Kansas Employment Law Blog Photo
IRS Calls 'Olly Olly Oxen Free' to Employers Who Voluntarily Reclassify Contractors as Employees

Olly olly oxen free!

Do you remember this chant as the “all clear” signal when playing tag, hide-and-seek, and similar childhood games?  (In case you’re wondering, linguists think the phrase probably evolved from “all ye, all ye, ‘outs’ in free” as it was passed down over generations of schoolchildren.)

On September 21, the Internal Revenue Service announced the Voluntary Classification Settlement Program (VCSP). It’s sort of like an “olly olly oxen free” for employers who have misclassified employees as independent contractors.  Sort of. It’s not entirely free, of course.  But the program does offer employers substantial relief from past federal employment tax liability if they agree to get into compliance going forward. 

The VCSP is available to employers who are currently treating a class or group of workers as independent contractors, but want to treat the workers as employees prospectively.  In exchange for agreeing to treat the workers as employees for future tax periods, employers participating in the VCSP get the following relief: 
  • pay only 10 percent of the employment tax liability that may have been due on compensation paid to the workers for the most recent tax year;
  • no liability for any interest and penalties on the amount; and
  • not subject to an employment tax audit with respect to the worker classification of the workers being reclassified under the VCSP for prior years.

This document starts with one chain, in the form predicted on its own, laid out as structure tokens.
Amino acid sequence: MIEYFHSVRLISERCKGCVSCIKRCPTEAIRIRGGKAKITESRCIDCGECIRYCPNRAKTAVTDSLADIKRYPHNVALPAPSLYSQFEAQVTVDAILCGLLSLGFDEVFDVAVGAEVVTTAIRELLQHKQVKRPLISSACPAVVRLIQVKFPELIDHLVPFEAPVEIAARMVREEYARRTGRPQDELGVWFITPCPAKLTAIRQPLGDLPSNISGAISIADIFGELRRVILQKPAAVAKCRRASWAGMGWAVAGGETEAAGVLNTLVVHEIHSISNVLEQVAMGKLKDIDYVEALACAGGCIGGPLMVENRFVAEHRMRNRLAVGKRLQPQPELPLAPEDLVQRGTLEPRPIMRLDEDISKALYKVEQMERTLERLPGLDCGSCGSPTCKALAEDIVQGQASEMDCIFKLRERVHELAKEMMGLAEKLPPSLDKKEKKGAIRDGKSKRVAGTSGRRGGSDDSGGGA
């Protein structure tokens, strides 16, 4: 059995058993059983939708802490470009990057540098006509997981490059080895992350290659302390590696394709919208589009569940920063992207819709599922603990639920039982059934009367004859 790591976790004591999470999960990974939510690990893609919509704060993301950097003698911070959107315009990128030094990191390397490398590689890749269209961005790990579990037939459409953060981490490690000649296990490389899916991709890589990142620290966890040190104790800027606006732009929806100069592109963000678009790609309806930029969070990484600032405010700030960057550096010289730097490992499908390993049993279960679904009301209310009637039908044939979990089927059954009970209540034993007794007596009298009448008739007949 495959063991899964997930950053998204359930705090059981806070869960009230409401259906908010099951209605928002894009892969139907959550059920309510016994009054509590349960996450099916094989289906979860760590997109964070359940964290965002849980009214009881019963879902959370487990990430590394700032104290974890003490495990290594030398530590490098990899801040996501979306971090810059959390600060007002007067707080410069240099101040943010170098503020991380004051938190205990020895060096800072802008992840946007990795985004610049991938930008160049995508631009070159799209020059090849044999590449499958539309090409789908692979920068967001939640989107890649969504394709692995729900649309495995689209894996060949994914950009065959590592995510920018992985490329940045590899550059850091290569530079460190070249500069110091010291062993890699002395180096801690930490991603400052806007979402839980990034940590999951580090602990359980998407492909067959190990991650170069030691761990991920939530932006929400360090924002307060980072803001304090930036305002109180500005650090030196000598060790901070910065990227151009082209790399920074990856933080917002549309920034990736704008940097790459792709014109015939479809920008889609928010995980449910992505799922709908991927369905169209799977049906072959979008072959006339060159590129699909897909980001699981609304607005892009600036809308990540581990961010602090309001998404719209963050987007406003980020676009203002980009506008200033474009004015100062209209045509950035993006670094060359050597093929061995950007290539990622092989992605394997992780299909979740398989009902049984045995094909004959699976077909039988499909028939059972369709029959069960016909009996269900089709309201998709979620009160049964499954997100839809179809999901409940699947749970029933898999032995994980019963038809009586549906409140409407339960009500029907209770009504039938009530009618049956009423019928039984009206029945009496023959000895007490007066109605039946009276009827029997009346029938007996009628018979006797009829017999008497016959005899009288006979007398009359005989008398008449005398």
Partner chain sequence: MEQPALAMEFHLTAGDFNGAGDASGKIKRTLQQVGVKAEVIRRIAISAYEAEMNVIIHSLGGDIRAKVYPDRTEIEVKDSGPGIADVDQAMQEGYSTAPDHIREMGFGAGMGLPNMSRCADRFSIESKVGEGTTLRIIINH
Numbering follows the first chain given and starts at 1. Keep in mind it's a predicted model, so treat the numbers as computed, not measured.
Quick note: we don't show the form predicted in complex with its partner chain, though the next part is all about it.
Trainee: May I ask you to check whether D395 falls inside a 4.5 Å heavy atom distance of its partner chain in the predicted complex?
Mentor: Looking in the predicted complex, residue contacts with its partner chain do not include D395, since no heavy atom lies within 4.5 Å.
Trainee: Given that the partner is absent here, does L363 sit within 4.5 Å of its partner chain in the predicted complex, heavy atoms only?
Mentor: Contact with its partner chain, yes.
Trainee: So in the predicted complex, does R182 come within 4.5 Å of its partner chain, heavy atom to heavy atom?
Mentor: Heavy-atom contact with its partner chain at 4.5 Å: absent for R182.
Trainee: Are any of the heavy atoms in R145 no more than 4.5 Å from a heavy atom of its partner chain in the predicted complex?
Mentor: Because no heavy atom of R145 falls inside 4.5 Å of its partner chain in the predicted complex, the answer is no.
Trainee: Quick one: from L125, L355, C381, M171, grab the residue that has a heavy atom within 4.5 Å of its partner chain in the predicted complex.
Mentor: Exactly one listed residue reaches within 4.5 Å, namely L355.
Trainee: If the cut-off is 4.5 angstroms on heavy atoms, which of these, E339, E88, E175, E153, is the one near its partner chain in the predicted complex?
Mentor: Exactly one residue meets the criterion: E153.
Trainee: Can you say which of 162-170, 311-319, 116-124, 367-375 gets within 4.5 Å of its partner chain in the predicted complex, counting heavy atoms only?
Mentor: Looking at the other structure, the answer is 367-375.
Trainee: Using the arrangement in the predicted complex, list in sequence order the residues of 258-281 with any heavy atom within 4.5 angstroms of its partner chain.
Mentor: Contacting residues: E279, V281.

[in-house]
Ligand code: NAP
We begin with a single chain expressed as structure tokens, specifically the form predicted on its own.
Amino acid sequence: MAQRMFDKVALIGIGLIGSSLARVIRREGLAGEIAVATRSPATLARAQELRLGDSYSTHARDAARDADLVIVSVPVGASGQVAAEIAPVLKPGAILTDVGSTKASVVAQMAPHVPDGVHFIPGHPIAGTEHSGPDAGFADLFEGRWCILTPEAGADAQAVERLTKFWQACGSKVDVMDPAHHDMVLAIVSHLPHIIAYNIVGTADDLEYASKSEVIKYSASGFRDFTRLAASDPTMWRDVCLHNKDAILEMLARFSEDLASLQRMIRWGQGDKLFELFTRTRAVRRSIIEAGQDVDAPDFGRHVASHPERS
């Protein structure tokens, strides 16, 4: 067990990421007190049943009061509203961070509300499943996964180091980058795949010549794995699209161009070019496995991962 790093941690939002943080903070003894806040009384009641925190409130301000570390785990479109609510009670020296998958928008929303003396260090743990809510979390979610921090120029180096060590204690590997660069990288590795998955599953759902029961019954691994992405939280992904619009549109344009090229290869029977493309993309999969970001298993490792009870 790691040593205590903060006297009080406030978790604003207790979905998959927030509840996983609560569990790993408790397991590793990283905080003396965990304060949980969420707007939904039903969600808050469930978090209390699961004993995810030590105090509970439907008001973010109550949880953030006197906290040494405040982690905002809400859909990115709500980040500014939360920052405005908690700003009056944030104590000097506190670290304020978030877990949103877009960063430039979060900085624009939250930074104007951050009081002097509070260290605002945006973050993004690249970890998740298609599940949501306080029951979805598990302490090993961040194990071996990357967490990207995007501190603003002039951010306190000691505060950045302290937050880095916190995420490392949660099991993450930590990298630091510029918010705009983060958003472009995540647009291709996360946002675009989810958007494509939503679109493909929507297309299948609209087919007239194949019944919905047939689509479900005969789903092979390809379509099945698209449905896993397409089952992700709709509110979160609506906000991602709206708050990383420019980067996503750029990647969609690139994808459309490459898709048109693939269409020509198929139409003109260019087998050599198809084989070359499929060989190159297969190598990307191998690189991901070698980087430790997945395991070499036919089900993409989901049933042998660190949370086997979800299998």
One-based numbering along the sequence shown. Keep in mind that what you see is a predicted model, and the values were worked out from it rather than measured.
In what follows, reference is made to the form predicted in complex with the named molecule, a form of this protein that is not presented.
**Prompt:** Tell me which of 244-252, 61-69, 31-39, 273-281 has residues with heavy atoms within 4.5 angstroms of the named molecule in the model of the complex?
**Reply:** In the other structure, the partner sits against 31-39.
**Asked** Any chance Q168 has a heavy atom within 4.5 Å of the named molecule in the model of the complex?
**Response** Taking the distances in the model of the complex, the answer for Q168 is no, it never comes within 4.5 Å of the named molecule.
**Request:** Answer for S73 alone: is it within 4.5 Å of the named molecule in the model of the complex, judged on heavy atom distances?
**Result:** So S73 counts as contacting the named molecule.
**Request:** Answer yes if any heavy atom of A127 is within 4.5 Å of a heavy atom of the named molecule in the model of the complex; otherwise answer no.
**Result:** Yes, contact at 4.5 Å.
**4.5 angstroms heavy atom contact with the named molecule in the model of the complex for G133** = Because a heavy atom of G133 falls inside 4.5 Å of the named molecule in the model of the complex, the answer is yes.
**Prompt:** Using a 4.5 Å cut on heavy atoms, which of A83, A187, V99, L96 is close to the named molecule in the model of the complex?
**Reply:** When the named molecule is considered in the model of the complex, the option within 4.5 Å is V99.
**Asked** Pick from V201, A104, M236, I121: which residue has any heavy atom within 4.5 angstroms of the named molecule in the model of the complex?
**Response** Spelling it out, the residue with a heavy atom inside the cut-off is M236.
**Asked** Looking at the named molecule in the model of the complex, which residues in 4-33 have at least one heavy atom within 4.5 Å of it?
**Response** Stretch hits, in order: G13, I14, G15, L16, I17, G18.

To participate in the VCSP, a taxpayer must apply by using IRS Form 8952.  Eligible taxpayers accepted into the VCSP must also enter into a closing agreement with the IRS to finalize the terms of the VCSP, and simultaneously make full and complete payment of any amount due under the closing agreement.
In short, the VCSP provides an opportunity for employers with possible misclassifcation problems to "come clean" with minimal back tax liablity.  But employee misclassifcation may also present challenges, and potential liability, under wage-and-hour laws and employee benefit plans.  Employers who think they might benefit from the new IRS program should consult with experienced tax and employment law counsel to evaluate the situation and chart the best course of action based on all the facts and circumstances.  You don’t want to turn your game of hide-and-seek into a game of cops and robbers.
If you would like help assessing whether the VCSP makes sense for your company, contact Boyd.

See our prior blog posts about employee misclassifcation issues: 



Don Berner Image
Don Berner, the Labor Law, OSHA, & Immigration Law Guy
Boyd Byers Image
Boyd Byers, the General Employment Law Guy
Jason Lacey Image
Jason Lacey, the Employee Benefits Guy
Additional Sources
Subscribe to Kansas Employment Law Letter Image
Subscribe to Kansas Legislative Insights Image